Modern Literature & Culture Research Centre & Gallery

Overview

From the insurrection riot of Capitol Hill in Washington, D.C., through the humanitarian turmoil in Afghanistan, to Russia’s unprovoked and unjustified invasion in Ukraine, to the mass disruption of Canada’s convoy protest—this past year was marked by dramatic upheavals. Along with the waves of Delta and Omicron infections, the catastrophic wildfires and flooding around the world, these upheavals sorely tested the plasticity of the arts and the humanities in offering solutions. At the MLC Research Centre, our focus has been on creative action and collective dialogue, on developing new ways of communicating and generating unity. Therefore, this past year has involved not only adaptation but the exercise of radical hope in doing things differently.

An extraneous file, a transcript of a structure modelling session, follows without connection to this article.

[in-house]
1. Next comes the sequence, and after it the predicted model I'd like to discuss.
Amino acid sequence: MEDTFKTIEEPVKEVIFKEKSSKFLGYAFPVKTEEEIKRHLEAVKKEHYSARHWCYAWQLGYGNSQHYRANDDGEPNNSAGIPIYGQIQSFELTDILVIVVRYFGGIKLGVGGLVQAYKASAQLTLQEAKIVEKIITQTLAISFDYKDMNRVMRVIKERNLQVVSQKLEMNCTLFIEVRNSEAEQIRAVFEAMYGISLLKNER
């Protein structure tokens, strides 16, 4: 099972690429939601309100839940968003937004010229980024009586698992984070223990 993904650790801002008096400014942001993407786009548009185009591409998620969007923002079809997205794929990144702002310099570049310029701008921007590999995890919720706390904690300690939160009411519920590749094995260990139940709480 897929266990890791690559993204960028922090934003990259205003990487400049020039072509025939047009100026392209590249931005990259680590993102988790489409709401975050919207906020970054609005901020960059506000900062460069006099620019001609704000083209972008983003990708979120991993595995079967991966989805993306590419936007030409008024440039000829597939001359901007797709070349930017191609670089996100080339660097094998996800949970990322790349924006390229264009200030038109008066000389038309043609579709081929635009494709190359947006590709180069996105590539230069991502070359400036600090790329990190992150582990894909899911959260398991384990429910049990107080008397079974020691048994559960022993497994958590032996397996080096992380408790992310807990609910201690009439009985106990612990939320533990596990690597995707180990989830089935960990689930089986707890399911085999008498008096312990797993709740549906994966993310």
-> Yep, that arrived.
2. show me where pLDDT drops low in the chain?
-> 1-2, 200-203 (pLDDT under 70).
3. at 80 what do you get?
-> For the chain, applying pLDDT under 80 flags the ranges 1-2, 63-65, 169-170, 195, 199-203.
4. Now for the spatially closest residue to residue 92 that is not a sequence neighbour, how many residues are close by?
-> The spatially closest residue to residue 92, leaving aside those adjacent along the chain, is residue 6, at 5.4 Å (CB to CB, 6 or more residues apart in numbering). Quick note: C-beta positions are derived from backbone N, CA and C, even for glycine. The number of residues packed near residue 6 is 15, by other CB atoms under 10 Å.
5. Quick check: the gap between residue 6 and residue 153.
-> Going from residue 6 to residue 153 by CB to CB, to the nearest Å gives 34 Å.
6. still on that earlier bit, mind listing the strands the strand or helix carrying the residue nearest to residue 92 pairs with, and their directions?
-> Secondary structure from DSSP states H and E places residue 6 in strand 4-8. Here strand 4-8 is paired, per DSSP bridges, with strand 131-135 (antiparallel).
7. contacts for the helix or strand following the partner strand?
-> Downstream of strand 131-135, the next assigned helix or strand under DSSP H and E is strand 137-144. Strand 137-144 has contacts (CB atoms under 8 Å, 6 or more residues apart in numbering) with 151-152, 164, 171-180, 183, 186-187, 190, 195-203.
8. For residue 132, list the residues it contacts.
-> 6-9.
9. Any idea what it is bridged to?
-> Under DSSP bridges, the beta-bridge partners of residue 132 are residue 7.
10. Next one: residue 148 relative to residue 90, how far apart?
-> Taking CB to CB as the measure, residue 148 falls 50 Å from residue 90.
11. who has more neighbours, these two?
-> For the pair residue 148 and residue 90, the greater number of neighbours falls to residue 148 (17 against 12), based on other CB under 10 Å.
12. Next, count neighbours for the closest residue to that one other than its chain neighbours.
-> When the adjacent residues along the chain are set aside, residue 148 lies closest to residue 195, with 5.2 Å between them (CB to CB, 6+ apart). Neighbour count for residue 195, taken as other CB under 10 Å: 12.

One concrete result of this effort is COVID-19 and Creative Resilience: Figuring the Everyday in a Pandemic (edited by myself and Jason Wang and published by Routledge in March). This book brings together 23 international contributors from as far away as Kazakhstan, Germany, and Sweden, centering creative and humanities-driven approaches in the international forefront of efforts to deal with the non-medical effects of short- and long-term consequences of the pandemic. This MLC Report gives insight into our collective grappling with COVID-19 through the lens of sound, visuality, and writing, which led us to prepare a multi-year SSHRC Insight Grant on “Telling COVID-19 Stories” ($161,800). As we commemorate the dead and the many COVID-19 losses in the months to come, the stories of individuals will be our focus, putting the contingency of the human body at the forefront of international scholarship.